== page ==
Could the State and Local Property Tax (SALT) Deduction Limit be Repealed in 2022 Under the New Stimulus Bill?

[2021 Update] Under the Democrat’s proposed $3.5 trillion social infrastructure spending plan there is a strong push by progressive members from high taxing states like New York and New Jersey to remove the $10,000 limit on state and local tax deductions (a.k.a. SALT Cap Repeal).

Spokespeople from Pelosi and other Congressional members pushing this provision have said removing the SALT deduction limit was an important priority in the reconciliation bill, as was a key part of how state and local tax systems were designed in cities with higher property prices.

SALT CAP Repeal – Who Benefits?

However there is little doubt that that this tax deduction benefits the affluent (or top 10%) who generally have more expensive properties, which means representatives from lower cost property states like Texas, Arizona and Ohio are not going to support the SALT Cap Repeal.

Republicans, who don’t have much input into the $3.5 trillion bill that is being passed via party lines using the reconciliation process, have mostly supported the SALT cap as a way of keeping blue states from what they criticize as a wasteful tax and spend model. 

I don’t think a full repeal will happen and it is more likely the SALT deduction cap will be raised to $20,000 and tied to inflation. But I will continue to monitor progress on this provision as the final bill is crafted in Congress. Stay tuned for updates via the options below.

Get the latest money, tax and stimulus news directly in your inbox

Trump SALT Repeal

Under the Trump/GOP tax reform bill for 2018 the deduction for Sate and Local taxes (SALT) related to property and sales taxes, on federal IRS tax returns was limited to $10,000. Tax payers will still need to itemize for this deduction, but will have a cap of $10,000 versus under prior rules where there was no limit.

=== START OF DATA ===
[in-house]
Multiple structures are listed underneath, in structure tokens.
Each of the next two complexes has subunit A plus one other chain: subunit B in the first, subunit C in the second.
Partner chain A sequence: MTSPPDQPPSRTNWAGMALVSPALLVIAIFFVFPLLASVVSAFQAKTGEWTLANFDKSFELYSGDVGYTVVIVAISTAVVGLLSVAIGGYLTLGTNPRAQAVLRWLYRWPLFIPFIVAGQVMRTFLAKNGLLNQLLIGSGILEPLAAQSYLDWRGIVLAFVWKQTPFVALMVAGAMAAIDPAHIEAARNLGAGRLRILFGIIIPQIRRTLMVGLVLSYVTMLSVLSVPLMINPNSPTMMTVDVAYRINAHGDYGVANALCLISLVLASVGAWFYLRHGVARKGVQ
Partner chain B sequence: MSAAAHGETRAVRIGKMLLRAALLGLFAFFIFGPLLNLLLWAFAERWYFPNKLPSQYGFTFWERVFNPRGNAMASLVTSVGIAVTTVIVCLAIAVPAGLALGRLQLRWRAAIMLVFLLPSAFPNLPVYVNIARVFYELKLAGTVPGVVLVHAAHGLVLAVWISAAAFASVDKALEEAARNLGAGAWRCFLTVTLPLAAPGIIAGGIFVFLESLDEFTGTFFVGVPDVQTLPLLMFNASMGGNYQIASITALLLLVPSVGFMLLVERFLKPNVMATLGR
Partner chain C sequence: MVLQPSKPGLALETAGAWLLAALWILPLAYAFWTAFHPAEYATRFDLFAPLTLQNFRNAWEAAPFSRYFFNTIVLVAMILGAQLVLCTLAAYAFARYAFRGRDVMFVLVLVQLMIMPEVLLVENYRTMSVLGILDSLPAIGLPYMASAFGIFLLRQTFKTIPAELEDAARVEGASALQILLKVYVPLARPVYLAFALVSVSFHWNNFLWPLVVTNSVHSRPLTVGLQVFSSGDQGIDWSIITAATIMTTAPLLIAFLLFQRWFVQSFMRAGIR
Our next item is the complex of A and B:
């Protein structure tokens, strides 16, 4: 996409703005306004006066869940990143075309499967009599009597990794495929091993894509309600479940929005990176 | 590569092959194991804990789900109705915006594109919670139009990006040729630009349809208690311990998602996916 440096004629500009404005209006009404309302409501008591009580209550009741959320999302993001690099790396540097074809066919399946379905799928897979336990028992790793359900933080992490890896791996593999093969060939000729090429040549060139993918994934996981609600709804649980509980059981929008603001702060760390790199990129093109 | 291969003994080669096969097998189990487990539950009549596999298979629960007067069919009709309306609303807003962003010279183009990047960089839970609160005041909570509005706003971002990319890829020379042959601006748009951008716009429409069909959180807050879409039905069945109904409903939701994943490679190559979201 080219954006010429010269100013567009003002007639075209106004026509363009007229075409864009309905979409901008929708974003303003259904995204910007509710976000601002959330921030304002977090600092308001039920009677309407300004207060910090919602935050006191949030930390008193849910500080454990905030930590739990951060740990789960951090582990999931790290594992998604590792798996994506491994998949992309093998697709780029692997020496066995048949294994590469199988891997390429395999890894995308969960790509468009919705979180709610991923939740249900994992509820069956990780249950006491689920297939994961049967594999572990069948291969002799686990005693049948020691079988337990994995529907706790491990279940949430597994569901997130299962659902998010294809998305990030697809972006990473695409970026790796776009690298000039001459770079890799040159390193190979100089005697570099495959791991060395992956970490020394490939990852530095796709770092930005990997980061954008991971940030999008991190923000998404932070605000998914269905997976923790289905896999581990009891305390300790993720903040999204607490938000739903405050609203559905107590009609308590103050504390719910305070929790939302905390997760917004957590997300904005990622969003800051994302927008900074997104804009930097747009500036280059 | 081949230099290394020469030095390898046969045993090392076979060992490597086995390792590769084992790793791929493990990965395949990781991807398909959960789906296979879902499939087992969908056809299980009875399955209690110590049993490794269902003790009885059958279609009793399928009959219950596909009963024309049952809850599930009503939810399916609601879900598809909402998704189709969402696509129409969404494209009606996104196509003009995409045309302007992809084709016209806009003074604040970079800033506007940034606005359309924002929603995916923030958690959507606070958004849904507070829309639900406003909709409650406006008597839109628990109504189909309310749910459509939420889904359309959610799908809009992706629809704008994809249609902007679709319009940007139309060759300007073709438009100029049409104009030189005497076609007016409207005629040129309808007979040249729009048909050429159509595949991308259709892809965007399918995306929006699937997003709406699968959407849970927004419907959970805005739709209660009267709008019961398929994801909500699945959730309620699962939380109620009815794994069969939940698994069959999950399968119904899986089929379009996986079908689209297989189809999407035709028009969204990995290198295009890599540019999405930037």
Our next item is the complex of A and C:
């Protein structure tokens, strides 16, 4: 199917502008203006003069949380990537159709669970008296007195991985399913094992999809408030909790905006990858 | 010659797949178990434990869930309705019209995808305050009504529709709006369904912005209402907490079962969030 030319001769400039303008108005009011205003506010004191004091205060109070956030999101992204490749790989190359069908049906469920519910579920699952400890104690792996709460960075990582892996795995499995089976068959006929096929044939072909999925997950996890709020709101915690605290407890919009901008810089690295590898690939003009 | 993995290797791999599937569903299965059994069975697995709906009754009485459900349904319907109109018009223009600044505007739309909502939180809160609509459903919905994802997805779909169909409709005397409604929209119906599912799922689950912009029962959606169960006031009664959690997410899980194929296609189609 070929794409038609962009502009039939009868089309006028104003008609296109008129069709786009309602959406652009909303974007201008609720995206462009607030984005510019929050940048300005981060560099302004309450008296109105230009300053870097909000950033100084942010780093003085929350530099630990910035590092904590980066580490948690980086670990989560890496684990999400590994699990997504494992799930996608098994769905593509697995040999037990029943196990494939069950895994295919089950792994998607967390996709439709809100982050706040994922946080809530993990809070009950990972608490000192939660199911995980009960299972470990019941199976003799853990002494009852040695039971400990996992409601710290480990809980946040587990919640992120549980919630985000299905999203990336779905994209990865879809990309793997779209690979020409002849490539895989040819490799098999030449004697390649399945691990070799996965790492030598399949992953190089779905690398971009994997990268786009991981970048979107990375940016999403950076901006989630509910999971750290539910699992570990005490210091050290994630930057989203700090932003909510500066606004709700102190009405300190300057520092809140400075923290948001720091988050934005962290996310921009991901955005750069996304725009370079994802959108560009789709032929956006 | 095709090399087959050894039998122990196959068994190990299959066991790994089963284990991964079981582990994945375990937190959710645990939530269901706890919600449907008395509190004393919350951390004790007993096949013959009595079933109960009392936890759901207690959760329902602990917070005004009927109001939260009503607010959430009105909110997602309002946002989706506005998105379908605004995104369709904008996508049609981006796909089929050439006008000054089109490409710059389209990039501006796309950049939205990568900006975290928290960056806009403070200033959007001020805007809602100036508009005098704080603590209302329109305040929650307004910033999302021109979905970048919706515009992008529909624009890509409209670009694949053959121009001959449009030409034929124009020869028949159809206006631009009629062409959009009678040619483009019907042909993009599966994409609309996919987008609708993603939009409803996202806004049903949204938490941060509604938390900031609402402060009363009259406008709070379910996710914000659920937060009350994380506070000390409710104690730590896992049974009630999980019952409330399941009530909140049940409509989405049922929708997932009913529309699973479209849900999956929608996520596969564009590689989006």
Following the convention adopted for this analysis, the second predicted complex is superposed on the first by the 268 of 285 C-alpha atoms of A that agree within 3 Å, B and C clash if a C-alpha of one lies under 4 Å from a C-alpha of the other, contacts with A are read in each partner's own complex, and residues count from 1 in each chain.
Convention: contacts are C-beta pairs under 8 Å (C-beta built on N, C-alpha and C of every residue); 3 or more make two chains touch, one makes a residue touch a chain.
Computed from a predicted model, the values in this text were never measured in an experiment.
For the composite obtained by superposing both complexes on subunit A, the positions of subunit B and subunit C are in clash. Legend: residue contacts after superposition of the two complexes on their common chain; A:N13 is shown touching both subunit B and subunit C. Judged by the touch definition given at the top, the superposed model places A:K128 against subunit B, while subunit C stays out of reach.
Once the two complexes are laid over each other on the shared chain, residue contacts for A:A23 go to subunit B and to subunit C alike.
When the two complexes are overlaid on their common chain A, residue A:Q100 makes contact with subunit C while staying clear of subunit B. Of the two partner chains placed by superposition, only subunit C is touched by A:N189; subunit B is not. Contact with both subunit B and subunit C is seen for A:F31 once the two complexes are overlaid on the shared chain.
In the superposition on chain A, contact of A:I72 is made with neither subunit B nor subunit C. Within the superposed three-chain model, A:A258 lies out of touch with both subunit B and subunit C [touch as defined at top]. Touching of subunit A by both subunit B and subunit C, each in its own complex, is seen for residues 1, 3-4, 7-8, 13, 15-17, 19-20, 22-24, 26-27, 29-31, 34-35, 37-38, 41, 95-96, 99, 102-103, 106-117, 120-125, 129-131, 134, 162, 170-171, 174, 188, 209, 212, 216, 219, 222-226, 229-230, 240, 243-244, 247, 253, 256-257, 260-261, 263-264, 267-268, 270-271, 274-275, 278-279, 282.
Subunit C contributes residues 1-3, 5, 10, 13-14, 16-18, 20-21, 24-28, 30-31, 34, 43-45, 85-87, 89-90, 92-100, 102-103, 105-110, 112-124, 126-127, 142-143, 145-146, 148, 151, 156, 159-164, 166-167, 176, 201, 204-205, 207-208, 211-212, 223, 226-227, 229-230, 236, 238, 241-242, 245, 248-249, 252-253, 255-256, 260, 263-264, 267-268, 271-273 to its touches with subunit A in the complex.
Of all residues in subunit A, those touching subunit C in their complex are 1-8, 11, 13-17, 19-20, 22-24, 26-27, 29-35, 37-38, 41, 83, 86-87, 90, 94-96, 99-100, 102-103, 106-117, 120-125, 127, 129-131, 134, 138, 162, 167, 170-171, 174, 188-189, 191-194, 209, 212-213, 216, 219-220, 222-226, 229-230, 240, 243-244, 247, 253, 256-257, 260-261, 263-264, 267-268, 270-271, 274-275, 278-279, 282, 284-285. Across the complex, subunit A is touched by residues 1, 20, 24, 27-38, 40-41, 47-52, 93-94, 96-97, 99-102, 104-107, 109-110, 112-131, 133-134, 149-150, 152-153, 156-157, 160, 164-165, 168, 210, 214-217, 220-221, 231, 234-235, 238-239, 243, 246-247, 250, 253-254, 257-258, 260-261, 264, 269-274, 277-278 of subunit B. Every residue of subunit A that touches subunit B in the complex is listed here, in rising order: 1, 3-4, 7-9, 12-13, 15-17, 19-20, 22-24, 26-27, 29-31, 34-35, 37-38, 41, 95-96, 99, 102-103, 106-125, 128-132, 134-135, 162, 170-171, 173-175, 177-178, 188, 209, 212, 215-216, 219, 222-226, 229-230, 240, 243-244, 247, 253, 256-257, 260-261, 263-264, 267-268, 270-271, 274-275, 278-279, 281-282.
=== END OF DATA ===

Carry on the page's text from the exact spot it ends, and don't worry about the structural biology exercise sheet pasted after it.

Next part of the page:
The original plan was to eliminate this tax deduction entirely but faced with stiff resistance from GOP members in high tax states like California and New York, the $10,000 deduction allowance limit was instead put in place. Various calculations have shown that high income earners who live in high tax areas like Manhattan, San Francisco, and Seattle will likely take a hit on their tax bill for this area if their state and local taxes exceed $35,000.

IRS update on 2018 property taxes. The IRS formally responded to a common question for many tax payers looking to pre-pay their 2018 property taxes in 2017, so that they can claim the full deduction before the new GOP tax laws that limit this deduction come into effect.

The IRS announced that the deduction for their 2018 property taxes may only be deductible only if assessed and paid in 2017.  Only the amount assessed by local governments can be claimed and  and any pre-payments of potential or anticipated property taxes will not be deductible.